The Criterion Collection, a continuing series of important classic and contemporary films presents Thirty Two Short Films About Glenn Gould.
François Girard provides in this unconventional bio-pic a compelling and memorable exploration of Canadian musician Glenn Gould, arguably the 20th Century’s greatest classical pianist. Through thirty-two elegantly constructed vignettes mixing drama, documentary, animation, and avant-garde, Girard reveals glimpses of Gould as performer, recording artist, humorist, outdoorsman, speculator, recluse, and iconoclast. Taken together, Thirty Two Short Films About Glenn Gould offers a prismatic understanding of Gould’s complex genius and his personal struggles without dispelling the enigmatic power of his legend.
The Criterion Collection, a continuing series of important classic and contemporary films presents Our Friends in the North.
Based on Peter Flannery’s 1982 stage-play, this award-winning BBC mini-series charts the lives of four friends from Newcastle over four decades – Nicky, a radical socialist preoccupied with the class struggle; Tosker, a cocky young man with dreams of celebrity and success; Mary, who struggles with the pressures of marriage and motherhood while pursuing her own professional ambitions; and Geordie, a troubled young man who flees his hometown for London. Over its nine episodes, Our Friends in the North traces the fortunes of an ever-changing England through the break-out performances of Christopher Eccleston, Mark Strong, Gina McKee, and Daniel Craig. The Criterion Collection is proud to present this sprawling milestone in British drama for the first time ever in North America.
- New 4K digital restoration, with 2.0 surround DTS-HD Master audio soundtrack on the Blu-ray
- Interview with Christopher Eccleston and Gina McKee
- Retrospective with Peter Flannery, producer Charlie Pattison, executive producer Michael Wearing, and directors Pedr James and Simon Cellan Jones
- New interviews with Christopher Eccleston, Gina McKee, Mark Strong, and Daniel Craig
- Visual essay by playwright Michael Eaton
- Complete soundtrack listing with chart history
- Precis and color stills of the original first episode
- TV spots
- PLUS: A booklet featuring essays by film scholar Marcus Hearn and television scholar Robin Nelson
Designed for the film lover in mind, SHOUT SELECT shines a light on films that deserve a spot on your shelf. From acknowledged classics to cult favourites to unheralded gems, SHOUT SELECT celebrates the best in filmmaking, giving these movies the love and attention they deserve.
IN BOB WE TRUST.
Written, directed, and starring Tim Robbins, this mockumentary about an upstart celebrity candidate for the United States Senate is a hilariously fearsome prediction of American politics in the 25 years that followed. Conservative folksinger Bob Roberts manipulates media coverage of him while singing about the proliferation of welfare abusers, drug users, and soft-hearted liberals and resisting rumors of corruption and hypocrisy. Bob Roberts captures the false populism and soundbite superficiality of contemporary politics with unnerving prescience.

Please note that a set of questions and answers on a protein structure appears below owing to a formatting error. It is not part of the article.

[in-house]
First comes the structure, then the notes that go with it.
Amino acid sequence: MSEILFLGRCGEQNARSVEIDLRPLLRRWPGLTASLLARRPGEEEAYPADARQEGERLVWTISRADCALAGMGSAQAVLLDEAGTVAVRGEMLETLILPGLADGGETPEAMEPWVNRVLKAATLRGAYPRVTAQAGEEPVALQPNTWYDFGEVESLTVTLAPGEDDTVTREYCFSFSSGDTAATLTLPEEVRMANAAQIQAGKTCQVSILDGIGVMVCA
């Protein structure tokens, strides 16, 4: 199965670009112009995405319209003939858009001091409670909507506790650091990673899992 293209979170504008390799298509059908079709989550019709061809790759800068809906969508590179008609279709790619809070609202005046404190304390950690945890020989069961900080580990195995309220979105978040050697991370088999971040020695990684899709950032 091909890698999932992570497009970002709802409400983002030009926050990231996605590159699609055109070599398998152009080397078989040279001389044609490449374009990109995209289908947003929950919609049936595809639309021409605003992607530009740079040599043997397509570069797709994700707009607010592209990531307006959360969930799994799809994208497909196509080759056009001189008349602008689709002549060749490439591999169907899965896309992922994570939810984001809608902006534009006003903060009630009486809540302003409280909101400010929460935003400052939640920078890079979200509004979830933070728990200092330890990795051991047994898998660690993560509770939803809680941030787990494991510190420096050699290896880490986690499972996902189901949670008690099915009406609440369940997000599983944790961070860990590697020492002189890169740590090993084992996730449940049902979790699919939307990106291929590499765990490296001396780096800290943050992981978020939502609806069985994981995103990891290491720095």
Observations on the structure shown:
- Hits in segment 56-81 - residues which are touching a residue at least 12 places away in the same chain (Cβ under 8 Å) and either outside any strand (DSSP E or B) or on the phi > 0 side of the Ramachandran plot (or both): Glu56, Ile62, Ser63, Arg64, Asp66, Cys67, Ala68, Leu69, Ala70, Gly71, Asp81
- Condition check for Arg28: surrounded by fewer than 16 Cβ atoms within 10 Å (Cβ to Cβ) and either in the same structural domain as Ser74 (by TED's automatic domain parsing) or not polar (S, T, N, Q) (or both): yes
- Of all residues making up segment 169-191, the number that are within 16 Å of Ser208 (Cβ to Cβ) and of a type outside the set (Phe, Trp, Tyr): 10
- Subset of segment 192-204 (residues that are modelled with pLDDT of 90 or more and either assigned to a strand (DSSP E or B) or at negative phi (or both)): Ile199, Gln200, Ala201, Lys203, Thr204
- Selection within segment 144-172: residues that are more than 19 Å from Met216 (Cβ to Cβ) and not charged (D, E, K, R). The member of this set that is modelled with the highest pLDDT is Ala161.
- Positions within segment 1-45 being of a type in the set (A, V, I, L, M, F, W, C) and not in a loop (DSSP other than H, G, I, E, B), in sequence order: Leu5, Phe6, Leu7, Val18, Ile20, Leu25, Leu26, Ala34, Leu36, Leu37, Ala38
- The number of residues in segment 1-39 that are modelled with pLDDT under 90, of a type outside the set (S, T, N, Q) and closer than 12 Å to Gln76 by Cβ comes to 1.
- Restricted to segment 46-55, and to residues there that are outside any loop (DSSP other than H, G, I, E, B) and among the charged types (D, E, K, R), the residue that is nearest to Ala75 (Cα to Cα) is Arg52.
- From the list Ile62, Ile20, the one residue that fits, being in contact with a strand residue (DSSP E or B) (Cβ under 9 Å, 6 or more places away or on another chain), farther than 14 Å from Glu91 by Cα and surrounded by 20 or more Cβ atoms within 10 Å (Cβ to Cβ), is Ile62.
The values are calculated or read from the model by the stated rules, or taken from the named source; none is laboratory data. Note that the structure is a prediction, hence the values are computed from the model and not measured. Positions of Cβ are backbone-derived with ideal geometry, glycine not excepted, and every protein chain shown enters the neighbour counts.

Tim Robbins assembles an all-star cast with Alan Rickman as Roberts’ shady campaign financier, Giancarlo Esposito as a crusading journalist, Gore Vidal as Robert’s political opponent, and an array of supporting appearances by Jack Black, Susan Sarandon, Ray Wise, James Spader, John Cusack, Helen Hunt, David Strathairn, Fred Ward, Bob Balaban, Peter Gallagher, Lynne Thigpen, Pamela Reed, and Brian Murray.
- Audio Commentary With Director And Star Tim Robbins
- Audio Commentary With Tim Robbins And Gore Vidal
- Audio Commentary With Alexander Cockburn and Jeffrey St. Clair of Counterpunch
- Back On The Campaign Trail – New Interview With Tim Robbins
- Buggin’ Out – New Interview With Giancarlo Esposito
- Getting Started – New Interview with Jack Black
- Original Bob Roberts Short Film Made For Saturday Night Live
- Deleted Scenes
- Photo Gallery
THE GREATEST VAMPIRE WESTERN-MUSICAL EVER MADE ABOUT SNOOKER!
Set within a twilight labyrinth of concrete corridors and bunker-like rooms, director Alan Clarke plays out a musical grudge match between conflicting generations of master snooker players. On one side is Billy the Kid (Phil Daniels), a cocky young cockney decked out as an Old West outlaw. On the other is seven-time world champion Maxwell Randall (Alun Armstrong as the Green Baize Vampire), a bloodsucking traditionalist resentful of his young challenger. Manipulated by his manager T.O. (Bruce Payne as “The One”) and a scheming loan shark called the Wednesday Man (Don Henderson), Billy agrees to a seventeen-frame snooker match against Randall where the loser will put down his cue forever. Can Billy vanquish his foe or does the Wednesday Man have some more tricks up his sleeve?